Leaving My Comfort Zone

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Recently, I bought a book, which I haven’t read yet, so I’m not going to give it free advertising (until I get a chance to read it and see if it is any good).  It caught my attention because it challenges readers to get out of the comfort zone of a mental illness.  I was struck by this suggestion (on the back cover) that we could get comfortable in our mental illness, but I’m starting to wonder whether there is some truth in it for me.

Don’t get me wrong.  I’m not saying mental illness is easy, nor am I saying it’s comfortable and the only observations I make are about myself.  This is not a judgement of anyone else.  I just hope that I can explain my thoughts in such a way that this is understood.

For a long time I would say that I was anything but comfortable in my mental illness.  Actually it was anguish, day by day… but things have got a little easier lately, and if you read my recent posts you will see that.  Actually it’s been a complete surprise to find myself not having to struggle daily whether to live or die.  I haven’t been as tortured by my thoughts, or my feelings.  I started to understand that the two are quite different, and that the problems come for me when I choose to act inappropriately on those thoughts and feelings.

I’ve realised though that I could just keep existing, as I have done.  I effectively separated myself from people some years ago because I was tired of being hurt. I drew the conclusion that I was better off just sticking to me.  I refused to even consider the idea of any intimacy because my experience was of feeling completely swallowed up by the other person, leaving me unable to breathe.  Eventually I ended up either destroying, or running from every relationship I had.  Again I concluded that I was better on my own.

It would be possible to continue that way.  To continue to be shut off from the world.  There on my comfy couch, I could continue to exist.  The thing is that I’ve realised that I don’t want to.

I want to get off that couch, actually I am already getting off.  There is life and love to be had, and while it was safe from hurt on the couch, I want to risk that ‘safety’ for the joy that is on offer.  Yes, it is possible that I will get hurt again.  I guess it is possible that I might feel suffocated again, yet I know I have learnt enough about myself to understand where this comes from, and to hold on tight to who I am.  And to wisely choose who I let close.

When we jump into the unknown there is always a risk, but I can trust myself enough to know that I will only jump where it is likely to be safe, or where someone I trust will catch me.  I don’t have to doubt my ability to be me, or my ability to take precautions.  I don’t have to hide in what was becoming for me comfort in my mental illness.  I can still guard my heart and soul to some degree, but have some fun.  And that is what I intend to do.  I am prepared to take a few risks.

I have spent a long, long time stuck in mental illnesses which arose for very good reasons.  I was very sick for a long time, and my family will tell you that even when I didn’t doubt my ability to survive, they did.  There seemed no hope, but through a whole lot of hard work I have this chance to fly again, and I’m taking it.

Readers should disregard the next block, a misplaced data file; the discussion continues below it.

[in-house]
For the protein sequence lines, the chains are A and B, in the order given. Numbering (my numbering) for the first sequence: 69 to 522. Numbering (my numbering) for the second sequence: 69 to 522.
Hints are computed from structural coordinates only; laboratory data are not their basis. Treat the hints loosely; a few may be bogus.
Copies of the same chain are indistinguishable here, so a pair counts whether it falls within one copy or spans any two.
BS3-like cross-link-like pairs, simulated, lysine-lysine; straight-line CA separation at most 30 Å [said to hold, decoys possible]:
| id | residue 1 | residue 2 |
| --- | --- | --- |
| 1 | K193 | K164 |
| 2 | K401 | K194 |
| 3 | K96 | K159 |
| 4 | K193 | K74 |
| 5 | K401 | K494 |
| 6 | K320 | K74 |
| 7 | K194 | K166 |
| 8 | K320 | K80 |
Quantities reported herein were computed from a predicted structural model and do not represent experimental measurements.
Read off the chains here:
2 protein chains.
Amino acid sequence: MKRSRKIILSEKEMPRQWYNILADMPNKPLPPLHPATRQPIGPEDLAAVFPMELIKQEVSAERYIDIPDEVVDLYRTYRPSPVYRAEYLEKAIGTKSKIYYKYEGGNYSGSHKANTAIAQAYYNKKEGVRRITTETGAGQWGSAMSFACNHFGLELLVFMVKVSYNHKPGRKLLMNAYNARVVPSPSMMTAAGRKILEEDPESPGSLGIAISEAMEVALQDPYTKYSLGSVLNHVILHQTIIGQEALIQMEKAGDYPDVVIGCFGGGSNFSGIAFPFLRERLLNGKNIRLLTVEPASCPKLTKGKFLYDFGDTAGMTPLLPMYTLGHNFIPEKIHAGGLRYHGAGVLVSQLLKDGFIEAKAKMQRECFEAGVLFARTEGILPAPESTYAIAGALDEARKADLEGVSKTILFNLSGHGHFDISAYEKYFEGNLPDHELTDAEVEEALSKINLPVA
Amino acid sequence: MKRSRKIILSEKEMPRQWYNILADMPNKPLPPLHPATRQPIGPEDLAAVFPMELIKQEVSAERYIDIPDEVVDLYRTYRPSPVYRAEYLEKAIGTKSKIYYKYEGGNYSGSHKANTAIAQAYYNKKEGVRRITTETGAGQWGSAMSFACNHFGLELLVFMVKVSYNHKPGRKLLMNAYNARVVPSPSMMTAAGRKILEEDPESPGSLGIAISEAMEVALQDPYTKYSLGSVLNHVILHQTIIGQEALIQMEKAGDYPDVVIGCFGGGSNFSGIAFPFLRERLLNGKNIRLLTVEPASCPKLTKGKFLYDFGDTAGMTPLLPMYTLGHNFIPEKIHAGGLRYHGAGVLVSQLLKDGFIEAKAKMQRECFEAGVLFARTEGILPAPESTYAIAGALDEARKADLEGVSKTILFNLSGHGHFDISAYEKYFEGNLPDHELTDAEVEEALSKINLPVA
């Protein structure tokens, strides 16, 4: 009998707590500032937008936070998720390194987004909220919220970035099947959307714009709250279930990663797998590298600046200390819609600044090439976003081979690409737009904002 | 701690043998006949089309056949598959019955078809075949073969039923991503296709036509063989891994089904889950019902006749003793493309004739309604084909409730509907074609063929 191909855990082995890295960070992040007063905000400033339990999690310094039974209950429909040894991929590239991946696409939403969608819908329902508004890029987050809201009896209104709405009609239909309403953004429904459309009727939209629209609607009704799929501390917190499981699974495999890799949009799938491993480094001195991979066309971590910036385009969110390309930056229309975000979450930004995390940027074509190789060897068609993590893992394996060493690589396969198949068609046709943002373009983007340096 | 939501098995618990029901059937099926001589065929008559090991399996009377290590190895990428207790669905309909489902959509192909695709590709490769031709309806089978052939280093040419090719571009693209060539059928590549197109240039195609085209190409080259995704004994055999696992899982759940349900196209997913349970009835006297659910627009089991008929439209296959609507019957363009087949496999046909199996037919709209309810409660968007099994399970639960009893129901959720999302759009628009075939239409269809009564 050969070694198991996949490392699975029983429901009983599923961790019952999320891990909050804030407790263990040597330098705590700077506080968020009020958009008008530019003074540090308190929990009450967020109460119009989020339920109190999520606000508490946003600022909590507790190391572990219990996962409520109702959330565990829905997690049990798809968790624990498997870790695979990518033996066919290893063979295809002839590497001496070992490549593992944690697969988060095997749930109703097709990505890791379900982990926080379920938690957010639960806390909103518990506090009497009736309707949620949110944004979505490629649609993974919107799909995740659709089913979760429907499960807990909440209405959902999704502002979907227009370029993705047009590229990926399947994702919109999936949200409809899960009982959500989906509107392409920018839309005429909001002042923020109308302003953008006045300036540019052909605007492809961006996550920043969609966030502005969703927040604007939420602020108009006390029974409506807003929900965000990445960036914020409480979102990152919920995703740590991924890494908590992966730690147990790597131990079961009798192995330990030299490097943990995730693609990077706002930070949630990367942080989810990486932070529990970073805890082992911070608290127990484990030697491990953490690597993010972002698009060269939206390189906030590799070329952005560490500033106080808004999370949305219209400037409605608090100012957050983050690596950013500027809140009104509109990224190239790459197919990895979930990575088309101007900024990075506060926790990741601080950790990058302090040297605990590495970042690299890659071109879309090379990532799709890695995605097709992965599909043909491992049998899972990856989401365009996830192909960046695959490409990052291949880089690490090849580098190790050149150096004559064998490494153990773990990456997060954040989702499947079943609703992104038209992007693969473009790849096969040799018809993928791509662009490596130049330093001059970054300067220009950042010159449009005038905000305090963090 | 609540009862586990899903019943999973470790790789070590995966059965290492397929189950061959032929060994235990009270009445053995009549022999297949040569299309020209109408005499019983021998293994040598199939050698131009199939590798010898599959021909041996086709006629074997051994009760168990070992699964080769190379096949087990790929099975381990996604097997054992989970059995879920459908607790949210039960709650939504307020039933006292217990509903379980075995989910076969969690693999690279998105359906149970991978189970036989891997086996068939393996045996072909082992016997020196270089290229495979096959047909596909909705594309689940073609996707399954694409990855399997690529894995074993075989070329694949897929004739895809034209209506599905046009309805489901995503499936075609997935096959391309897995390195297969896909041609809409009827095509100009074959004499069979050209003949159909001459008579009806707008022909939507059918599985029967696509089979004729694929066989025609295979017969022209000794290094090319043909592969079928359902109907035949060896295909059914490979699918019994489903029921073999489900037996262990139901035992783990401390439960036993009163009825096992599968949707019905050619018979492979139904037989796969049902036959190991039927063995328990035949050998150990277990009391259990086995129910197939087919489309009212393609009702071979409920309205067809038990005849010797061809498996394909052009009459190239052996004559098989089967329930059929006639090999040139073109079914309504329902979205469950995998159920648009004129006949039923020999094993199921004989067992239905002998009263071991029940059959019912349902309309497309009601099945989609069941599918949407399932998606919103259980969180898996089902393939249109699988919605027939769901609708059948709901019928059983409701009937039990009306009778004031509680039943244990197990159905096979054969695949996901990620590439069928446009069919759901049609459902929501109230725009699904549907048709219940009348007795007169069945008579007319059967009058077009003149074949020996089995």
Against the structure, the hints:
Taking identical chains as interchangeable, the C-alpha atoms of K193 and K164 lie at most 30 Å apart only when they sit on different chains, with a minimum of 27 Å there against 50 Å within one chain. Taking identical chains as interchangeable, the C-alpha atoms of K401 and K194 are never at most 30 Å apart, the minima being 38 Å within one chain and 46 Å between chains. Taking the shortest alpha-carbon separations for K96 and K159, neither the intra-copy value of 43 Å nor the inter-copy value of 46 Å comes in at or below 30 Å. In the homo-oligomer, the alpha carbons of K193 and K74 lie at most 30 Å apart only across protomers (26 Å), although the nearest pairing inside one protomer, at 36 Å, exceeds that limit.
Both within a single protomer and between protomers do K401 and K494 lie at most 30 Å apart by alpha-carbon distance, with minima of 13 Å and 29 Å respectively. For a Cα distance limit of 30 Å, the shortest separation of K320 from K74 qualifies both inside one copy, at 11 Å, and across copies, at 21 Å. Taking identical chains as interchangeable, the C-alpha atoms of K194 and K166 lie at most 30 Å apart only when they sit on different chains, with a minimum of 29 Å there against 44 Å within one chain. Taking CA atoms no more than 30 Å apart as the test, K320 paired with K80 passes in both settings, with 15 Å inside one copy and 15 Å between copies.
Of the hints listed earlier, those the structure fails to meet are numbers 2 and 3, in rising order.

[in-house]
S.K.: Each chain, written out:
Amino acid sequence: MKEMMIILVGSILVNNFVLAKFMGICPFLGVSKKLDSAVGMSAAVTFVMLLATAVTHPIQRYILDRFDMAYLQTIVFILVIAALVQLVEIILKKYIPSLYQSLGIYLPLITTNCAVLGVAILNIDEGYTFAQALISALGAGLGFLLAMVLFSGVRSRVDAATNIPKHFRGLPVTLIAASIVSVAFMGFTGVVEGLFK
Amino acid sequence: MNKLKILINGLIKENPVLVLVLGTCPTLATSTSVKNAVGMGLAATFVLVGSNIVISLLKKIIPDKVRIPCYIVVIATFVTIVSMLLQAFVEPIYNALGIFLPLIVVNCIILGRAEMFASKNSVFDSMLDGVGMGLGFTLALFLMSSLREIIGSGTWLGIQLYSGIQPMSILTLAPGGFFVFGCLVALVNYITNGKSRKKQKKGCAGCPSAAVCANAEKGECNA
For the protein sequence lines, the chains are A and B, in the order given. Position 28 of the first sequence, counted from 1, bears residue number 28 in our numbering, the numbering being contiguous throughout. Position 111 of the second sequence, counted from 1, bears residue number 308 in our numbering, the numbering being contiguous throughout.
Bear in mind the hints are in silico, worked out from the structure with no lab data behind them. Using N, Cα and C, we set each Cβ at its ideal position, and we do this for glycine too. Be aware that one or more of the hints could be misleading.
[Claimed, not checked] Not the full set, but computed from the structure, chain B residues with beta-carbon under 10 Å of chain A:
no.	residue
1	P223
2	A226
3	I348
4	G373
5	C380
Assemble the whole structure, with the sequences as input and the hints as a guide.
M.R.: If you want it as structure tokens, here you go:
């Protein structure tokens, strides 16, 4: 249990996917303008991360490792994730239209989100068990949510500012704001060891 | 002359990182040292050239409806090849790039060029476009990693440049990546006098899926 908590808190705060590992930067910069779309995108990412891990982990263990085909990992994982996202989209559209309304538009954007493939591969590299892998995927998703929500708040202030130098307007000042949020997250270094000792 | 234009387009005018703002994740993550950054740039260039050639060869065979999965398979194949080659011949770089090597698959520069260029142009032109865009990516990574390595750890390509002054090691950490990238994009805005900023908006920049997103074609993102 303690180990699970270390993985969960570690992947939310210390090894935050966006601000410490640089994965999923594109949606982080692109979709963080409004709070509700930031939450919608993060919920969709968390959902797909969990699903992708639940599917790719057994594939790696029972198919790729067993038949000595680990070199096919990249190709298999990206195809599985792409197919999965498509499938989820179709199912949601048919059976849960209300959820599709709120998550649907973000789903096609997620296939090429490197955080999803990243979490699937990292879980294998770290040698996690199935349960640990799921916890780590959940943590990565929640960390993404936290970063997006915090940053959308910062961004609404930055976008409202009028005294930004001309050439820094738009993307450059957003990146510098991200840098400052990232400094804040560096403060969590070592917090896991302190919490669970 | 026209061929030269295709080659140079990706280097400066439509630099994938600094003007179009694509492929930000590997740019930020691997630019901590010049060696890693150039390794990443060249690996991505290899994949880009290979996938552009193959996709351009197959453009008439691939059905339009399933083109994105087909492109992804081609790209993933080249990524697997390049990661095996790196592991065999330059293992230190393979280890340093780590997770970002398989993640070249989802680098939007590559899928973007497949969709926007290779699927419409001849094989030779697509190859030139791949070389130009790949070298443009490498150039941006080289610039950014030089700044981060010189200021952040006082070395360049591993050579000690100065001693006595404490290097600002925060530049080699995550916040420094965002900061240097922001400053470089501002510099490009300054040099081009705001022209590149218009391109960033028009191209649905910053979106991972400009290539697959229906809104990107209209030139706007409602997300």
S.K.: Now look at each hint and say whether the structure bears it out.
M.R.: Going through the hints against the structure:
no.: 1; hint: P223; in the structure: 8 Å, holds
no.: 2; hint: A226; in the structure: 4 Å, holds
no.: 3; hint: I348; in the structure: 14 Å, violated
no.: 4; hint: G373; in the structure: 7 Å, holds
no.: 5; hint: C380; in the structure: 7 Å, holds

“I swear, with Chloe Bear once again as my witness…
That my problems and failures will not stop me, nor will they dictate who I am.
That I will continue to be my own person.
That life is too short, and I will live every day as the best person I can be.
That I will grow and that I will change.
That I will smile and hold my head high.
That this is a new start and a new day.
That I will allow myself to cry or sit by myself when I need to.
That I will find things to really smile about.” 

―    Stephen Emond,    Happyface


19 thoughts on “Leaving My Comfort Zone

  1. Dorothy

    It sounds like you learned to adjust to your new self rather than just be comfortable with it. Because anyone with a mental illness knows that day to day can be madness but when we look at the big picture we say we’re doing okay even when we have huge ups and downs, it just depends on when someone asks us. So, I see nothing wrong with being comfortable with just being ourselves and happening to have a mental illness along the way. Don’t we deserve days when we take a deep breath and it’s okay today? I think so.
    I agree Cate.

    1. Absolutely we deserve those days, like anyone else. I guess for me I got to a stage recently where I realised that I had a choice to make. I don’t think everyone even gets that choice or wants to see it, and that’s fine. But for me, I know getting off the couch was hard but important. 🙂

  2. Kat

    Its good that things are a little easier and youre at the stage of getting off that couch to start to enjoy and join life. It is hard to trust. Im not very good at it. Is that your dog? Kat 🙂

    1. Hi Kat, You’re right it’s hard to trust. I totally agree and it’s really scary. No it’s not my dog and actually it’s not me. That said, I would love a dog so I’d happily adopt it. 🙂

  3. I can very much relate to this post.

    “There seemed no hope, but through a whole lot of hard work I have this chance to fly again, and I’m taking it.”

    ^^^ Awesome

  4. I totally understand what you mean by getting comfortable in our mental illness. I struggled with that in the beginning. Who am I without this illness? I developed who I was within this illness and its what I became used to.

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  7. I’m so happy for you. It sounds like you’ve done a lot of healing and are in a new and exciting phase of living. Ups and downs – it’s important to share it all. Thanks for sharing this. I’m glad we connected. 🙂

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